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Korean name
Revised Romanizationpiri

The piri is a Korean double reed instrument, used in both the folk and classical (court) music of Korea. The piri was originally a musical instrument in the western part, and has already been used in Goguryeo and Baekje since the period of the Three States(hanja:三國時代).[1] It is made of bamboo. Its large reed and cylindrical bore gives it a sound mellower than that of many other types of oboe.

In the typical piri, there are eight finger holes on the bamboo body. Seven of the finger holes are on the front and one is on the back for the thumb.[2]

There are four types of piri:

  1. Hyang piri (hangul: 향피리; hanja: --)
  2. Se piri (hangul: 세피리; hanja: --)
  3. Dang piri (hangul: 당피리; hanja: --)
  4. Dae piri (대피리)

There are different types of piris because each is suited for a different type of music and use. The Hyang piri is the longest and most common out of all piris.[2] Because of its loud and nasal tone, it usually plays the main melody in an ensemble.[3] The se piri is the smaller, thinner, and much quieter one.[2] Additionally, because of its quiet tone, it is used along with voices or soft stringed instruments.[3] The Dang/Tang piri is wider and is similar to the Chinese guanzi instrument. Additionally, the dae piri is a modernized piri, with keys and a bell, looking much more like a western oboe.[2]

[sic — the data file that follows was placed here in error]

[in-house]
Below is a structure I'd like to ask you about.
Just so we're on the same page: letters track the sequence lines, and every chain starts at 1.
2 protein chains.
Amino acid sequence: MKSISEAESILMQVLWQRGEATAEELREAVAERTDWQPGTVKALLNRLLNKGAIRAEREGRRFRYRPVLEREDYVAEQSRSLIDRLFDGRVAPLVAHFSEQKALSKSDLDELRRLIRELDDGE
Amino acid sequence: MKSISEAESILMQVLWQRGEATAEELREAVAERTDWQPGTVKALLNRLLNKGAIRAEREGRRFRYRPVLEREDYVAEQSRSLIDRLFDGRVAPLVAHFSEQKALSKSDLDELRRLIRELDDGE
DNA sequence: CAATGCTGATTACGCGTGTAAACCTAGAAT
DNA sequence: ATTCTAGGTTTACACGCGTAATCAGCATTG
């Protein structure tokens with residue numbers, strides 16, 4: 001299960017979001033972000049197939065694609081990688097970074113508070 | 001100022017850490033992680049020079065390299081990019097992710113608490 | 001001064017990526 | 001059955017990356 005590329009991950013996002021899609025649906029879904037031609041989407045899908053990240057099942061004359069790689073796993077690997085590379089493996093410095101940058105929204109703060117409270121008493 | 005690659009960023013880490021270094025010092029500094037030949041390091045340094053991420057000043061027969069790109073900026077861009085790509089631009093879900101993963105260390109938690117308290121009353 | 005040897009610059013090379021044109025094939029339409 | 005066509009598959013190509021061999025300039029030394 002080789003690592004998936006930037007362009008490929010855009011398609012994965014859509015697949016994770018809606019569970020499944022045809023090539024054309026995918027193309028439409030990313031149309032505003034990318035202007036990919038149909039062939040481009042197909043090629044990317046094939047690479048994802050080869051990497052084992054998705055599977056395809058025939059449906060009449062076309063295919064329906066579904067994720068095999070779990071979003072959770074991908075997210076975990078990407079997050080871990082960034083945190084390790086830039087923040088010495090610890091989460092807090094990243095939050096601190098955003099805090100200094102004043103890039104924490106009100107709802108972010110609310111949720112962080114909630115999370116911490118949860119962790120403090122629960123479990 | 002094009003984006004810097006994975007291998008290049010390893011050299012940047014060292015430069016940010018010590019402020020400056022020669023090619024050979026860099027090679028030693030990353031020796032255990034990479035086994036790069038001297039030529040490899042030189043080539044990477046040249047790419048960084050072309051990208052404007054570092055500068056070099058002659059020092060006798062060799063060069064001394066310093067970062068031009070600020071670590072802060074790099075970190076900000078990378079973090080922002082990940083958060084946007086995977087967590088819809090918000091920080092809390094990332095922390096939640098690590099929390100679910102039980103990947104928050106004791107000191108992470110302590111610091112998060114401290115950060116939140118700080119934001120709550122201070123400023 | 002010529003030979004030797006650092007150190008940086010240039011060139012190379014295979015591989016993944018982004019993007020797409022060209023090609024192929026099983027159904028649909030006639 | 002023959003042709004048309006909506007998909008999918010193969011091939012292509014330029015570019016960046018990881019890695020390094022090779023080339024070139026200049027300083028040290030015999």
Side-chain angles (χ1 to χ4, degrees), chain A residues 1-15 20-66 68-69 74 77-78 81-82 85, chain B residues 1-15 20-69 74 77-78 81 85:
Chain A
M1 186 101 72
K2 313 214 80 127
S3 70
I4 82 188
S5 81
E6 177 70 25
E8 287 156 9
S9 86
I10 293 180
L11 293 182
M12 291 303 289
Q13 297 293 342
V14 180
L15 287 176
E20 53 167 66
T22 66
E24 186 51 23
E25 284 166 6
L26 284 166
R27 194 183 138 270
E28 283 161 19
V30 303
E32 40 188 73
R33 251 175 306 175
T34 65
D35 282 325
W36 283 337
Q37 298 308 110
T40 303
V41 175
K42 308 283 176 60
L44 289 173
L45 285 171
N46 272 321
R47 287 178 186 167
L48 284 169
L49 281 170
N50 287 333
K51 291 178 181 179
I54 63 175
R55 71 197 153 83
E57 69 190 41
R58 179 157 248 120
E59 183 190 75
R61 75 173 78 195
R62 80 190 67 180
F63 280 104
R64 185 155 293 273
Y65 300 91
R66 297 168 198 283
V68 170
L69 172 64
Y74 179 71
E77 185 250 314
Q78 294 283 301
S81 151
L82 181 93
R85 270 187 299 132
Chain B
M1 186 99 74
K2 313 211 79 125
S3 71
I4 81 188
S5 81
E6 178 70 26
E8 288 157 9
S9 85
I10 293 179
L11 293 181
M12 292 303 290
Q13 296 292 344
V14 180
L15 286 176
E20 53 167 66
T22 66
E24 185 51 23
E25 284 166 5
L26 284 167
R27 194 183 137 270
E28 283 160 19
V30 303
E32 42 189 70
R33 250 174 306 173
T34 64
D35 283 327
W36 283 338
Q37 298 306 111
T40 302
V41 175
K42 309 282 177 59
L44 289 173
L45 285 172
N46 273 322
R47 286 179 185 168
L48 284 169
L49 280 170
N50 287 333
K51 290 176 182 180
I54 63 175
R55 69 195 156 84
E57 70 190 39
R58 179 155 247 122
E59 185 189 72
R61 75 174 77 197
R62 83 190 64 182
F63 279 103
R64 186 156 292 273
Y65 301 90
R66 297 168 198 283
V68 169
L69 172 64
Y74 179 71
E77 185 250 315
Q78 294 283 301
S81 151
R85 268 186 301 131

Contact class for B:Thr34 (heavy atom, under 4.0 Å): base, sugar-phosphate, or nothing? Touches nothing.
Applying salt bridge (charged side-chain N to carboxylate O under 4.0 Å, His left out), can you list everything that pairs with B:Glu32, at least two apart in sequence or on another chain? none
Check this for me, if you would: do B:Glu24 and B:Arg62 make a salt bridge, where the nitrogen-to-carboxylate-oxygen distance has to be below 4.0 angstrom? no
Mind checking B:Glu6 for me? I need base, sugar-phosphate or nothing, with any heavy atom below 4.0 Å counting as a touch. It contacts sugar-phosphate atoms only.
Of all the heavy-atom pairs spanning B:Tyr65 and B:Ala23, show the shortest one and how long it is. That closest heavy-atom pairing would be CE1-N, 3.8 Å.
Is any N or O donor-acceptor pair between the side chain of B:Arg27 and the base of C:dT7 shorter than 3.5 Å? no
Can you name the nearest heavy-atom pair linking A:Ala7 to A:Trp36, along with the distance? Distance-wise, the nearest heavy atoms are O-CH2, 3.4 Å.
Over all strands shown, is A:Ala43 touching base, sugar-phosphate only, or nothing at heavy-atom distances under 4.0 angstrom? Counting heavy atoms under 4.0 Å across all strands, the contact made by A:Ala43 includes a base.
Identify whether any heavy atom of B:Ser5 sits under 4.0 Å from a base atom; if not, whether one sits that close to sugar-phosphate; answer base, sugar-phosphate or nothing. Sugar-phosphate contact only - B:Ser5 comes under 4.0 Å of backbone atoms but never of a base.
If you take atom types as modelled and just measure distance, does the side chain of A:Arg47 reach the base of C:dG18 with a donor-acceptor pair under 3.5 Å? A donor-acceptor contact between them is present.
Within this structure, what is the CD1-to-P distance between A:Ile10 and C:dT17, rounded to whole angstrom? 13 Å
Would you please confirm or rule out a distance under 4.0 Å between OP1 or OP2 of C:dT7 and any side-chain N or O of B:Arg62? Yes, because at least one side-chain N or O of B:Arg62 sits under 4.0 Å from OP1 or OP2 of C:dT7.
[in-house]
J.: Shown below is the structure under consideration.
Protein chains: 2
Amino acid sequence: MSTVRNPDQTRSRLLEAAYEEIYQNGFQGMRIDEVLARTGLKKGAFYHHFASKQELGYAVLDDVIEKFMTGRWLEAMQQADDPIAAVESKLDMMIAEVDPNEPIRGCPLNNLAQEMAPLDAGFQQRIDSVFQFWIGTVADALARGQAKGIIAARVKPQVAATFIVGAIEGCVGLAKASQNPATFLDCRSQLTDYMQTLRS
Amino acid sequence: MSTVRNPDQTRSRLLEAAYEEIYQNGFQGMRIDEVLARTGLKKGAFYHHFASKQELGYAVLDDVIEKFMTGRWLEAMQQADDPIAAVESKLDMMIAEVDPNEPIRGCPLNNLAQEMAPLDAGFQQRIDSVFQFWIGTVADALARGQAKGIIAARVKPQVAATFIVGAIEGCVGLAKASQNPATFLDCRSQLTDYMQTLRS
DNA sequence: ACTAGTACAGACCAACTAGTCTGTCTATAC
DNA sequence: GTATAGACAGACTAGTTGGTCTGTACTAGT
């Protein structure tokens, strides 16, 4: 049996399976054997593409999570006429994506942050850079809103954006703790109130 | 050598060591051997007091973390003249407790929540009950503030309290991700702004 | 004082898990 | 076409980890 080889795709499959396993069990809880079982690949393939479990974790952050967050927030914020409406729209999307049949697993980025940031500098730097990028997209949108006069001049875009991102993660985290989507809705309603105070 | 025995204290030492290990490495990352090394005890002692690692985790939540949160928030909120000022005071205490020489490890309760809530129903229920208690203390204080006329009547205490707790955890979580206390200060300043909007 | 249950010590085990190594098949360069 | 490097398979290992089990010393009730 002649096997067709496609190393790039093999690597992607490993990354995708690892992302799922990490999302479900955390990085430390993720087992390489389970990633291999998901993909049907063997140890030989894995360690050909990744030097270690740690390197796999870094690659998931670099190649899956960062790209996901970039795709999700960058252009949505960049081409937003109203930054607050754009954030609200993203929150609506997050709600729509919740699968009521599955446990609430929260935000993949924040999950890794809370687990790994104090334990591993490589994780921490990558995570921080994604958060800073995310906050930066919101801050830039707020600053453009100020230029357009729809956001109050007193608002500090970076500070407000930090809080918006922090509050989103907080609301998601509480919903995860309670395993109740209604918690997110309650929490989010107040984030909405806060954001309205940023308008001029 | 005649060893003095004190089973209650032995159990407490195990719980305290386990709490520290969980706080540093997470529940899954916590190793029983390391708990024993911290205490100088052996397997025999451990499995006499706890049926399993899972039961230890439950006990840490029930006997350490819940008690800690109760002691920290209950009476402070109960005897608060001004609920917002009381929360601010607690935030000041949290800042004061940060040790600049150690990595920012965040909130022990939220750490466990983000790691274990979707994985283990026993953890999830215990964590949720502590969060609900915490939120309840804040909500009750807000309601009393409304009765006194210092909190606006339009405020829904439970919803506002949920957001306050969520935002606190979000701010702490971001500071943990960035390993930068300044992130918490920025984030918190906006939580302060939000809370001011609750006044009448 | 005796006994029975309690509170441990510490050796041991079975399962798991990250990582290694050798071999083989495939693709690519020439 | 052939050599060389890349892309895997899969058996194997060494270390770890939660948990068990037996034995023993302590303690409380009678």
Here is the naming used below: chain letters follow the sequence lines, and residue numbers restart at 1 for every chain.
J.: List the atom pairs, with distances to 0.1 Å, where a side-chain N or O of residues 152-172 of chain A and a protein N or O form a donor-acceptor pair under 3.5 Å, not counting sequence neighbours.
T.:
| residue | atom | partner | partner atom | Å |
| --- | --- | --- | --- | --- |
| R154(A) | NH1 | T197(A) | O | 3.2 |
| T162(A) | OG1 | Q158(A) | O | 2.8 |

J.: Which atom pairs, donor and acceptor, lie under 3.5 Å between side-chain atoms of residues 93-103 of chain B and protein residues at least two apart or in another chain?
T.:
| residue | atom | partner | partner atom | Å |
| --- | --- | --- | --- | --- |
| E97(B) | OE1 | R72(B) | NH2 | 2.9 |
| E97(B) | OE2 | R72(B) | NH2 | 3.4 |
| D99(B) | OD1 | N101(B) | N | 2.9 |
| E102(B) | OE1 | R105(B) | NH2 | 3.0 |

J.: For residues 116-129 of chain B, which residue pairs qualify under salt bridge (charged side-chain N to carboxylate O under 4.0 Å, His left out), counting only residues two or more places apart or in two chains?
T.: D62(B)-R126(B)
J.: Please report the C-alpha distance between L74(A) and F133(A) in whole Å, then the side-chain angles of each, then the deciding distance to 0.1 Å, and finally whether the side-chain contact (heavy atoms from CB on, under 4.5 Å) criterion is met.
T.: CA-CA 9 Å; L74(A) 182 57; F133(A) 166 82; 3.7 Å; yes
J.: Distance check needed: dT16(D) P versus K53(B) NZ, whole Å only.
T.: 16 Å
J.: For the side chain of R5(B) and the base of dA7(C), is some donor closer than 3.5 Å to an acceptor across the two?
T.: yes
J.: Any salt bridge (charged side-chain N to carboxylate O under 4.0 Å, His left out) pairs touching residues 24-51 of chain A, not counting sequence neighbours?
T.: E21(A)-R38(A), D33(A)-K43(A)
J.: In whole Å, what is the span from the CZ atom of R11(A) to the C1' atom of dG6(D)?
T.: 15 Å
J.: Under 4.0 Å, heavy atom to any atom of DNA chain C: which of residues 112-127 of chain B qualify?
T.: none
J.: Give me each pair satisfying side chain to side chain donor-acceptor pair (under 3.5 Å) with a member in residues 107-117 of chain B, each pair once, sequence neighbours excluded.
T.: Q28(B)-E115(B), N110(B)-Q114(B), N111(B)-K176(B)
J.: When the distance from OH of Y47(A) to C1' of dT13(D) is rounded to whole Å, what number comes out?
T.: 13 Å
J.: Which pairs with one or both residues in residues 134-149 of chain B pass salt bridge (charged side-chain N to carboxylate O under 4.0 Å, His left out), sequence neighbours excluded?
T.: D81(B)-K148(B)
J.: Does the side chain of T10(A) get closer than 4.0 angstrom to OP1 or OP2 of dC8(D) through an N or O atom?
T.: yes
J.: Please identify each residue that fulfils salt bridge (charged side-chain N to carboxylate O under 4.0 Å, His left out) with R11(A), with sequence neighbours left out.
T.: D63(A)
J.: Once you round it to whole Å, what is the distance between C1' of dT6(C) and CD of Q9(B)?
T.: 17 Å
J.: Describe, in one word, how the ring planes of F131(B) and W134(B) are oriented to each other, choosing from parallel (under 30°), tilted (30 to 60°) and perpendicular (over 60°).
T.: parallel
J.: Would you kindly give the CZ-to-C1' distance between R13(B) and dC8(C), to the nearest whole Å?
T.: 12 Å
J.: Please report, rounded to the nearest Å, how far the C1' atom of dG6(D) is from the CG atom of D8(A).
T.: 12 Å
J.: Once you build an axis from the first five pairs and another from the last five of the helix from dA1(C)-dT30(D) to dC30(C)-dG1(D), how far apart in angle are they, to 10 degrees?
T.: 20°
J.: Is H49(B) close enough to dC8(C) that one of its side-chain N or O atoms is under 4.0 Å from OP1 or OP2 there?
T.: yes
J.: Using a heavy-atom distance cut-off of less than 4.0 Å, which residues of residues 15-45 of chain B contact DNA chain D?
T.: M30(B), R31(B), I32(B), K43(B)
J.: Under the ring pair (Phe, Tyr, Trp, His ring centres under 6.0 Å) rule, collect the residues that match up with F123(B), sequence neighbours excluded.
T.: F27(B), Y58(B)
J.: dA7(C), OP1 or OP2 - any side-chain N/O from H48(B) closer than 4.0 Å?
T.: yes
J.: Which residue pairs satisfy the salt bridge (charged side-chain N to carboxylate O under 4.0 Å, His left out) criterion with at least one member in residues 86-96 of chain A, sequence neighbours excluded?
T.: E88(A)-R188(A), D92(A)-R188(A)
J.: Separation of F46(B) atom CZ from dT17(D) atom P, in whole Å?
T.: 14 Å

In general, the method of playing the piri is to sit upright, pull the chin slightly, straighten the back to make it easier to breathe, hold the flute in both hands, and bite it in mouth.[4]

Piri is thought to have been introduced to Korea from a country bordering west of China before Goguryeo period.[5] According to the Book of Sui, piri was also known as gagwan (가관; 笳管), and it originates from Kucha. During the reign of King Yejong of Goryeo dynasty, another double-reed cylindrical instrument was imported from Song dynasty China, and to disambiguate, the former was named hyang piri and the latter dang piri. Se piri is smaller than hyang piri but has the same structure and range. Se piri appears to be invented much later than hyang piri.[6]

The piri's equivalent in China is the guan (also known as bili), and its counterpart in Japan is the hichiriki.

See also[edit]


  1. ^ "피리 - 한국민족문화대백과사전". encykorea.aks.ac.kr. Retrieved 2021-05-26.
  2. ^ a b "P'iri". Britannica. Retrieved 17 September 2012.
  3. ^ "피리 - 문화콘텐츠닷컴". www.culturecontent.com. Retrieved 2021-05-10.
  4. ^ -《국악개론》,전인평,현대음악출판사,283p
  5. ^ 《국악통론》, 서한범, 태림출판사, p.195